Saturday, March 21, 2009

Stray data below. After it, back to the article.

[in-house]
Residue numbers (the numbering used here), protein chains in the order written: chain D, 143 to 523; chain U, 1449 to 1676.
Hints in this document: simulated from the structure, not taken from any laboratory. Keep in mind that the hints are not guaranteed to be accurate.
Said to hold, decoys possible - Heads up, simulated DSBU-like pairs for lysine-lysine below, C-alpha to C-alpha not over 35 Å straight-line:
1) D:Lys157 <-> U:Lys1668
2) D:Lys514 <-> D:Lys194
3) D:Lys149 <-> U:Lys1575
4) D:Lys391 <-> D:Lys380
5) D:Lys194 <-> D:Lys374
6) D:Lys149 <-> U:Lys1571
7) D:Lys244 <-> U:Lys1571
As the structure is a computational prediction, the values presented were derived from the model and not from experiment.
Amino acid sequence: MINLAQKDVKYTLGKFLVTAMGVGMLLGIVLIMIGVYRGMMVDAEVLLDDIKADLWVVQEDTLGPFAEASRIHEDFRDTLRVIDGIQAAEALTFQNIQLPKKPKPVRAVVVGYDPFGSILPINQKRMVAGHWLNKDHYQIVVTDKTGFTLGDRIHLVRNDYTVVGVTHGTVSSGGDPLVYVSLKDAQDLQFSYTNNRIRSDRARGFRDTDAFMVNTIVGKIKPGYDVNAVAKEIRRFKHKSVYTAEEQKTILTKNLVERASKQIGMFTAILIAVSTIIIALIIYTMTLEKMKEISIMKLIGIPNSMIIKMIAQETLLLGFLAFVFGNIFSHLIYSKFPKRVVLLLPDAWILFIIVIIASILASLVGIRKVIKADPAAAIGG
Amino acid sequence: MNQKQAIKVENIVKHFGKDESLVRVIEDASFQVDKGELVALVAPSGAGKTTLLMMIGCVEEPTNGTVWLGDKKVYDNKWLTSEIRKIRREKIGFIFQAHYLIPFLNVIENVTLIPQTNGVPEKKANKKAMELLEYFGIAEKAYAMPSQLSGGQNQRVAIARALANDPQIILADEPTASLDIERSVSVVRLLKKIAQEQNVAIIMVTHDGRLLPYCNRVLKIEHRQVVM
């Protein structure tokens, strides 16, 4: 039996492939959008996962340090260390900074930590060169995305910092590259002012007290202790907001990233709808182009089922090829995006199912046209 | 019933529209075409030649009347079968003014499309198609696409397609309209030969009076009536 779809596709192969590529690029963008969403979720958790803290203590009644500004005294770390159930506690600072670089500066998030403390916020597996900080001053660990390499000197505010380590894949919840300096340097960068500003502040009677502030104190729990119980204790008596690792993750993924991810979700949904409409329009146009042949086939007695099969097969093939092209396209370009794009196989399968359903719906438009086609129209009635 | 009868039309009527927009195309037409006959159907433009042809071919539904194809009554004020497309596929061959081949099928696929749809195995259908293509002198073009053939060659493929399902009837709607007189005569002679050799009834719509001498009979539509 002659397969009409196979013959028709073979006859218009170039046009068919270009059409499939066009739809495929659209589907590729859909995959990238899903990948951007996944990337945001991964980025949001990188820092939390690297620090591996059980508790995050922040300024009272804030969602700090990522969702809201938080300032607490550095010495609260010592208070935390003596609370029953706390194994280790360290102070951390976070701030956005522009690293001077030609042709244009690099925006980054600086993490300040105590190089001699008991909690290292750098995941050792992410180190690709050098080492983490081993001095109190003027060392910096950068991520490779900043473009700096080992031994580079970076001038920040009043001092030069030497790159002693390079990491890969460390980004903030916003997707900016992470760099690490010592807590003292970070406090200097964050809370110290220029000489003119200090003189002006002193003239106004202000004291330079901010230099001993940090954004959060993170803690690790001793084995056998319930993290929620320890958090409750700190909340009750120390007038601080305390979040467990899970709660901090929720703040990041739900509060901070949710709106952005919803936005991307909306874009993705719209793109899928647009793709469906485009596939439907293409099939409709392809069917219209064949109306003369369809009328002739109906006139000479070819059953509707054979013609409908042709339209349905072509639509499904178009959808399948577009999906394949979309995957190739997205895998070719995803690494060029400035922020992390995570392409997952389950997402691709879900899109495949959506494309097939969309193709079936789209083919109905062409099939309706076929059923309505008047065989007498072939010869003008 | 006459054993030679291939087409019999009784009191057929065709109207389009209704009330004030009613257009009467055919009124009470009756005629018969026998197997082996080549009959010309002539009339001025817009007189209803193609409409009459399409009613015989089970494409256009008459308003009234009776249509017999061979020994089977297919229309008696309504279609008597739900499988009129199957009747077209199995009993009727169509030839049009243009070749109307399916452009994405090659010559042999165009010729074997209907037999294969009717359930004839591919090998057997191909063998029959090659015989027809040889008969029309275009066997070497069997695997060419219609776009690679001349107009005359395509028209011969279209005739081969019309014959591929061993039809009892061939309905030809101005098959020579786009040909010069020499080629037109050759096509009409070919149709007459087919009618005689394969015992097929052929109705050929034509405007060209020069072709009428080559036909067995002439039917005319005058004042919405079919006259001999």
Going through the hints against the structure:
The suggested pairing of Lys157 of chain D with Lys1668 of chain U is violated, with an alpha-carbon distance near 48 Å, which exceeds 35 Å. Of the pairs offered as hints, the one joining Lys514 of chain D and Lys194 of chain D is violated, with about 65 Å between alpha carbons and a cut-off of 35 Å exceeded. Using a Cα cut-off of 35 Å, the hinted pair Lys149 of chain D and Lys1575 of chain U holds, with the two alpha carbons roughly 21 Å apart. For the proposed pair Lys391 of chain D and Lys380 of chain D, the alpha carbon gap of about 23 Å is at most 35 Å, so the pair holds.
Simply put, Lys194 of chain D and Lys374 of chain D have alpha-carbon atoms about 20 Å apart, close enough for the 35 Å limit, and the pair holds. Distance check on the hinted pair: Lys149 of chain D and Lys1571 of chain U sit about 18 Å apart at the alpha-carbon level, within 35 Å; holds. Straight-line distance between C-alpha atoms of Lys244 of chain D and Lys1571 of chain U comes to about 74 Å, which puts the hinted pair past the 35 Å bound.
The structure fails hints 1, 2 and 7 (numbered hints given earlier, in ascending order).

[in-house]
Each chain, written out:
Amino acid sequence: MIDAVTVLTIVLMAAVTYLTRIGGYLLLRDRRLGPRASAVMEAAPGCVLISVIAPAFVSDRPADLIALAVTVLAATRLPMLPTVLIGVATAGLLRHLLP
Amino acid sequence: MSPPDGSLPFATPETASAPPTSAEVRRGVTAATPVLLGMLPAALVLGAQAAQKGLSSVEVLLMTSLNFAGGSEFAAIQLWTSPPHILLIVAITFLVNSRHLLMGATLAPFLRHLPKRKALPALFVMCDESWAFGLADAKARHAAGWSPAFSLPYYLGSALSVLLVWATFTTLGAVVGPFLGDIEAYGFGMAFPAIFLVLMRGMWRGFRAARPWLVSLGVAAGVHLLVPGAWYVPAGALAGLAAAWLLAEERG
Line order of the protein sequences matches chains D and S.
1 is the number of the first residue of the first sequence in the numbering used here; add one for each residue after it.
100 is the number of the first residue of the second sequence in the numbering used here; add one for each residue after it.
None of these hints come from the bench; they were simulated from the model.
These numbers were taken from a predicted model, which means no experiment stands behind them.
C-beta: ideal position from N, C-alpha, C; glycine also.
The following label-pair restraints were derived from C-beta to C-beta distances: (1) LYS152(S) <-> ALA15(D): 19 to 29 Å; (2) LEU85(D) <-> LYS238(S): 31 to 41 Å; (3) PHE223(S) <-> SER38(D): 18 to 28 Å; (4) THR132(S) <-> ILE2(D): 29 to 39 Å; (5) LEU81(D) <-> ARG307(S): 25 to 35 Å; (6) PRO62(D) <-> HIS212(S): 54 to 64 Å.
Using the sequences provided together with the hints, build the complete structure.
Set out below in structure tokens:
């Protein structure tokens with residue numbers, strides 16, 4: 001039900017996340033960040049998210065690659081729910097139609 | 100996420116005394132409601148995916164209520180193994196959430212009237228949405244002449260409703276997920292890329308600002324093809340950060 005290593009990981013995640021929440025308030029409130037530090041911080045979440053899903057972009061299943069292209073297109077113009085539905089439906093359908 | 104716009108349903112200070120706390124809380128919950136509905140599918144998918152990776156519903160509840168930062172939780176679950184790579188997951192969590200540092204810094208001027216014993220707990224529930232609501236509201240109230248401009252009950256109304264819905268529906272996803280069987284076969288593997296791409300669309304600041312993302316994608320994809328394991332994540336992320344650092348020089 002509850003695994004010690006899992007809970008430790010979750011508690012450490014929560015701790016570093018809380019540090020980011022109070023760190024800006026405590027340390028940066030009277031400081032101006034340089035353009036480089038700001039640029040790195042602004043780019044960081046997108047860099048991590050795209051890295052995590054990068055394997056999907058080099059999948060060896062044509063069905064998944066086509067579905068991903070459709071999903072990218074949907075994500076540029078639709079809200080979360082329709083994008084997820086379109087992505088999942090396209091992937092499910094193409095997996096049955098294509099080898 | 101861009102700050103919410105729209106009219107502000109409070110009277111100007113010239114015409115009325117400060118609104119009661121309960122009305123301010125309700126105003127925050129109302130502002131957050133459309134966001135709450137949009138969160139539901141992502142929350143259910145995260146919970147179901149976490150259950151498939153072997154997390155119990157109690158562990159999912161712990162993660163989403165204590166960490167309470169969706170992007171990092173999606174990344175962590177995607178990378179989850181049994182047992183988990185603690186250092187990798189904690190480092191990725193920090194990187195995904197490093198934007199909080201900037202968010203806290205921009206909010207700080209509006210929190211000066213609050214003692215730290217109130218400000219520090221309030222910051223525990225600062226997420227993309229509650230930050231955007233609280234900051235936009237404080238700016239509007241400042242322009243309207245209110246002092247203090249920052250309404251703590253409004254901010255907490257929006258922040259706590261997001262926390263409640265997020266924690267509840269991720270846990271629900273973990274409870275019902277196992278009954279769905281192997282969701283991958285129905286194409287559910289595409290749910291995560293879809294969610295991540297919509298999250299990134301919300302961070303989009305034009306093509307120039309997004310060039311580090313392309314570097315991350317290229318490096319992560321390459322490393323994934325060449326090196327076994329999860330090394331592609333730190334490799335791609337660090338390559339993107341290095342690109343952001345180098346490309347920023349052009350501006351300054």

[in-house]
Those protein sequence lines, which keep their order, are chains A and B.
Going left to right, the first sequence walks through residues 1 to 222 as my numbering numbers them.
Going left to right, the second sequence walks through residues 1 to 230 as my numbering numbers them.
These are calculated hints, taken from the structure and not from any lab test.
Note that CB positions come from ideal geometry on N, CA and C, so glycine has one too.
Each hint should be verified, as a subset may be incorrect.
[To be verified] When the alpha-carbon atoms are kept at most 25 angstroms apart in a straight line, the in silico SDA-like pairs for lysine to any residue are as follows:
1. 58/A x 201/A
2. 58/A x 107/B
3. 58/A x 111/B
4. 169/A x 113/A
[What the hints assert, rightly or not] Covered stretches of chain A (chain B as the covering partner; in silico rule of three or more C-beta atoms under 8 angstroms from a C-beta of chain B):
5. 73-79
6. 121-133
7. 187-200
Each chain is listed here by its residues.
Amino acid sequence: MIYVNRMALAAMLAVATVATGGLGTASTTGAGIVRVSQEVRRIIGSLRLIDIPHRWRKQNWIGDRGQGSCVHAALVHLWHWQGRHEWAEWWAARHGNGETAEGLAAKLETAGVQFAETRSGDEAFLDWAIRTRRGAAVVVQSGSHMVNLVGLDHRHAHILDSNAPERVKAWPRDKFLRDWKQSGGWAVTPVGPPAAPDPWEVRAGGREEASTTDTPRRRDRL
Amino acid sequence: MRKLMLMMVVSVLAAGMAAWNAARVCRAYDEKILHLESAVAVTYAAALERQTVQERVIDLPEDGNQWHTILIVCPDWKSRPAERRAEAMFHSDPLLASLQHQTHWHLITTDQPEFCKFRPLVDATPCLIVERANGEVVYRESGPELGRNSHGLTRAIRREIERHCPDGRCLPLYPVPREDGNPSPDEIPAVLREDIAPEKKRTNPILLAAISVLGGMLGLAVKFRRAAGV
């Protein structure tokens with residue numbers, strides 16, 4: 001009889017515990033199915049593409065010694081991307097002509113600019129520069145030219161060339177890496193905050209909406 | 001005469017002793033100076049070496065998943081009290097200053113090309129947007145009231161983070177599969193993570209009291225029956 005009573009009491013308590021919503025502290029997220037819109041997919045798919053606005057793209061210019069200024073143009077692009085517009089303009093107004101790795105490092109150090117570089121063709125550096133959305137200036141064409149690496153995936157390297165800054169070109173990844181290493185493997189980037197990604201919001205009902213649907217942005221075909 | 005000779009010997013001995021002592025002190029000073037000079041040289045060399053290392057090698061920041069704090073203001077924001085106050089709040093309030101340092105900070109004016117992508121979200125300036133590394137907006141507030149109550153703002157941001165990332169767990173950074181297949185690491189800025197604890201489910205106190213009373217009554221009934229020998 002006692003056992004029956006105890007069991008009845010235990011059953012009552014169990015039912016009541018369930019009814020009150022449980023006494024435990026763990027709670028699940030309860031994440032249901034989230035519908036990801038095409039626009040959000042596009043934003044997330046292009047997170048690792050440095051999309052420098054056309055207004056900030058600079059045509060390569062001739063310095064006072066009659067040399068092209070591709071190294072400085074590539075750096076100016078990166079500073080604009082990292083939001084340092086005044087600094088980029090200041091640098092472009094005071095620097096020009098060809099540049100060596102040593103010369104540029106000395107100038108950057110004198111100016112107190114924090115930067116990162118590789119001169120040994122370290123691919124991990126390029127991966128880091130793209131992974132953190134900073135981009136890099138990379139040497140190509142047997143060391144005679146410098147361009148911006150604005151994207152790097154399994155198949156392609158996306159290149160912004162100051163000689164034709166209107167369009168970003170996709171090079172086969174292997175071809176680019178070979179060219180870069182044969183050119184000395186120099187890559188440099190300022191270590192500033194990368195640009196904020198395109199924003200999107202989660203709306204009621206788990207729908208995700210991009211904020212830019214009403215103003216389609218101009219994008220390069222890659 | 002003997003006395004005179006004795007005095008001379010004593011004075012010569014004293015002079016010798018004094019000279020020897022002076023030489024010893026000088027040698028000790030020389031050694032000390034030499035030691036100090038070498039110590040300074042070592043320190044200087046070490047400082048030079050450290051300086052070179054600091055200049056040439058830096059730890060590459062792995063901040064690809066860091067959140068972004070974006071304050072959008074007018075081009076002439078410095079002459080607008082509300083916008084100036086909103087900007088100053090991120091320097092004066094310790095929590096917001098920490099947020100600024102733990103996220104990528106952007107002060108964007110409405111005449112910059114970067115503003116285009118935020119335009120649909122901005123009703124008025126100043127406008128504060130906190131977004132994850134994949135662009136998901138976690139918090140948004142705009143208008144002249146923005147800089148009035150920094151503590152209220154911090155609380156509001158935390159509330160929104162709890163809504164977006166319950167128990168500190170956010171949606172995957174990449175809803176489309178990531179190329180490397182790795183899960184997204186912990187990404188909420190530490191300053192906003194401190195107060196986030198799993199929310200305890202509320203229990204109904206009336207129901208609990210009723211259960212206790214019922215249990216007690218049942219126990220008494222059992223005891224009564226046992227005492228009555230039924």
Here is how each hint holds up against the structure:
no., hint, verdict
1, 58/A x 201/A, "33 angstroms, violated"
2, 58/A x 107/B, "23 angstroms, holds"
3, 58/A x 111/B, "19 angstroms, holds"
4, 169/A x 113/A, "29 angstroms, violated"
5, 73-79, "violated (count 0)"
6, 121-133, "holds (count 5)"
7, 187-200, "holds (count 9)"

I was working in the pediatric ICU this weekend, and there's a little boy there who's essentially waiting to die. His organs have stopped working, and everytime I'm at work we have a couple false alarms when he stops breathing, but his parents have asked us to not intubate him. Anyway, this night he had a quiet night, and I went in early in the morning to check on him. I went into his room, and his brother and sister and parents were all in the room sleeping. His brother and sister had crawled into the bed with him, and the image of them all sleeping in that little bed was so striking. We get used to treating our sick patients like fragile broken dolls, but these kids were all intertwined with each other, with IV lines and GI tubing snaking inbetween their legs and arms. The little girl's hand was flopped across her sick brother's face. For some reason, it made me think of Chelsie. I think the older I get, the better I get at interacting with people without really seeing them. The busier you get, the more parts of you life you put on autopilot. There are quite a few people I've known and worked with for years, and yet they still feel like strangers because I've never spent time really getting to know them. The one thing I remember most about Chelsie, was when you were with her, she was so present. She never glanced away in the middle of a conversation. She never responded with nice conversation fillers. She was able to connect with the conversation, and force you to be present too. She was never on autopilot with anybody, and I really loved that about her.